But YouTube’s ever growing audience base loves a little bit of strange. In 2012, little-known South Korean artist, Psy released the now internationally adored ‘Gangnam Style’, the pop star later being crowned the “Viral Star of 2012” and the “King of YouTube”. Gangnam Style was never going to be recognised as one of the most beautiful pieces of music ever created, but its sheer wackiness was enough to see it become the first video to reach 2billion views, and lead to one of the most enduring dance crazes of the year.
Sometimes, these bizarre trends just caught our imagination. In 2013, the world was swept into the ‘Harlem Shake’ craze. Films crews, businesses and sports teams all got involved. See the 2012 and 2013 NBA Champion, Miami Heat’s take on the ‘Harlem Shake’.
Sometimes we were ‘Rick Rolled’…
And sometimes we were simply left in awe. On the 14th October 2012, Felix Baumgartner broke the record for the highest ever sky-dive on record, in the process becoming the first human to break the sound barrier outside of a vehicle. YouTube viewers watched in amazement as Baumgartner jumped from a helium balloon in the stratosphere.
What many people are not aware of is that Felix Baumgartner’s record has since been broken. However, without Red Bull’s viral outreach campaign, the event went mostly unnoticed by the general public.
If YouTube’s illustrious 10 year history proves anything, it is that you simply can’t make virality. You can however, identify the wants and needs of your target audiences and produce content to satisfy those needs. This gives you the best opportunity to get the desired results from your content, and on that rare occasion, achieve ‘virality’.
YouTube Production Best Practices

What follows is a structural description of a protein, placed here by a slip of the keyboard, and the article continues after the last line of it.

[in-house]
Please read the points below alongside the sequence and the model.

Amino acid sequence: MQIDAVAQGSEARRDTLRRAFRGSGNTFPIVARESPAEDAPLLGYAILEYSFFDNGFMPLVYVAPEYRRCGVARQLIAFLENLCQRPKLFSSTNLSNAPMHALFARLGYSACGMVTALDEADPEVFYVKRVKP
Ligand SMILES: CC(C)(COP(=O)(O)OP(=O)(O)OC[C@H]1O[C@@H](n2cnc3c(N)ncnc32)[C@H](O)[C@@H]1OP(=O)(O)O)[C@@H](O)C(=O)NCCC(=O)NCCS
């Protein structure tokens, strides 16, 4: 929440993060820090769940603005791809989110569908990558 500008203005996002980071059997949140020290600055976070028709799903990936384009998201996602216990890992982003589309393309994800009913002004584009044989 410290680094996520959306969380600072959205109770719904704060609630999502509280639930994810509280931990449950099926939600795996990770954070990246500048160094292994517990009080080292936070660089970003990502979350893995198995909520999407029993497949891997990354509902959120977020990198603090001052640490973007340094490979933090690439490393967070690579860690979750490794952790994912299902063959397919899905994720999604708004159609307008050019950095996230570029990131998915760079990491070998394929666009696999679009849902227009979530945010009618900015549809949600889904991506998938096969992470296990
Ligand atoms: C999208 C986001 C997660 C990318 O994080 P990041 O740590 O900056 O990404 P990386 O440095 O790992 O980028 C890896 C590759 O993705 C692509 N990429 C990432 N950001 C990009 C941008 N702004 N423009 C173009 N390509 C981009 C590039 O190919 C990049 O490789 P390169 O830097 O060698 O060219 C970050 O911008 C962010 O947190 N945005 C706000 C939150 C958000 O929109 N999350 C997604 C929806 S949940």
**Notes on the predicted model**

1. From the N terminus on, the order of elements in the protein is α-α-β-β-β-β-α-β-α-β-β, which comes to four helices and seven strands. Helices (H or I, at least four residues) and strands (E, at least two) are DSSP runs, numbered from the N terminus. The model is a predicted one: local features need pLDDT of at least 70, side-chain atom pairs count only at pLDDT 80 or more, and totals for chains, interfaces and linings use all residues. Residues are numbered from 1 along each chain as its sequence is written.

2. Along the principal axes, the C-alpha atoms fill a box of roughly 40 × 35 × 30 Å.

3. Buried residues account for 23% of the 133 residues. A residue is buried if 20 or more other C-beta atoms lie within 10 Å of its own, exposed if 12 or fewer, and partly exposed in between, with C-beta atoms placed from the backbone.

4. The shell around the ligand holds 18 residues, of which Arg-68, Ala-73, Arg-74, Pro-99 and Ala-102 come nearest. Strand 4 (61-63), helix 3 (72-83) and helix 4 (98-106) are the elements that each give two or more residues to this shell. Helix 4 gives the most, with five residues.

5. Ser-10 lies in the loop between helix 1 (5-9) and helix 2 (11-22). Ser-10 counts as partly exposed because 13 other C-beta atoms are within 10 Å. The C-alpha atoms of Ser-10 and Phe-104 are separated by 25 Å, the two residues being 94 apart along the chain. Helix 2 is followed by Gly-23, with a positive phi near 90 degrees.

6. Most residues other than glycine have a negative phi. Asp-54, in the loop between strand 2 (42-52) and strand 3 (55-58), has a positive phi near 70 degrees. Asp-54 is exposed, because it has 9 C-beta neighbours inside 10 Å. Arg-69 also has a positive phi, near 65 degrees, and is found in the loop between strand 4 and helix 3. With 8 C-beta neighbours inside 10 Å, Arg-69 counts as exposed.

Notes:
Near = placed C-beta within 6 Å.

If we’re talking videos to the extend of the above, the recipe for virality is a step too far, but a recipe for YouTube best production practices is less of a challenge. All channels and audiences have their own specific expectations of the content that they consume, but from a generalised point of view, these golden rules can aid in the content production process.
It’s a somewhat disappointing but important rule, that YouTube audiences typically have a short attention span and a video that stretches for longer than two minutes is an immediate turn off for viewers who have not actively searched for the content in question. Brands should typically aim to share their message within a timescale of a minute and a half to two minutes, with the ultimate goal being the retention of viewers for the entirety of the video’s duration.
2. Immediate Engagement
YouTube viewers will typically make up their minds as to how interesting content is within 20 seconds of the video’s beginning, thus this time is vital. Brands should be looking to make a bold statement in that time, something that will captivate their viewers for the rest of that video’s duration. Achieve this, and brands will retain their viewers beyond the initial viewing.
3. Call to Action
If brands can maintain a viewer for the entirety of a video, then their next action should be to turn that singular view into a regular viewer or customer. YouTube will do nothing to help channels maintain an audience, surrounding videos with adverts and links to other content and channels, so brands should include a call to action at the conclusion of a video, whether this be for users to subscribe or links to other videos that they have created. If the initial video captivates a viewer, they will be more likely to maintain an interest in a brand’s channel.
The moral of this story, is that brands should not get bogged down in the pursuit of virality, but instead focus on creating quality content that their audience wants to watching. If you can do that, the views will take care of themselves…although it always helps to budget for some advertising.
To discuss your social strategy, including YouTube marketing, get in touch with the StrategiQ team today.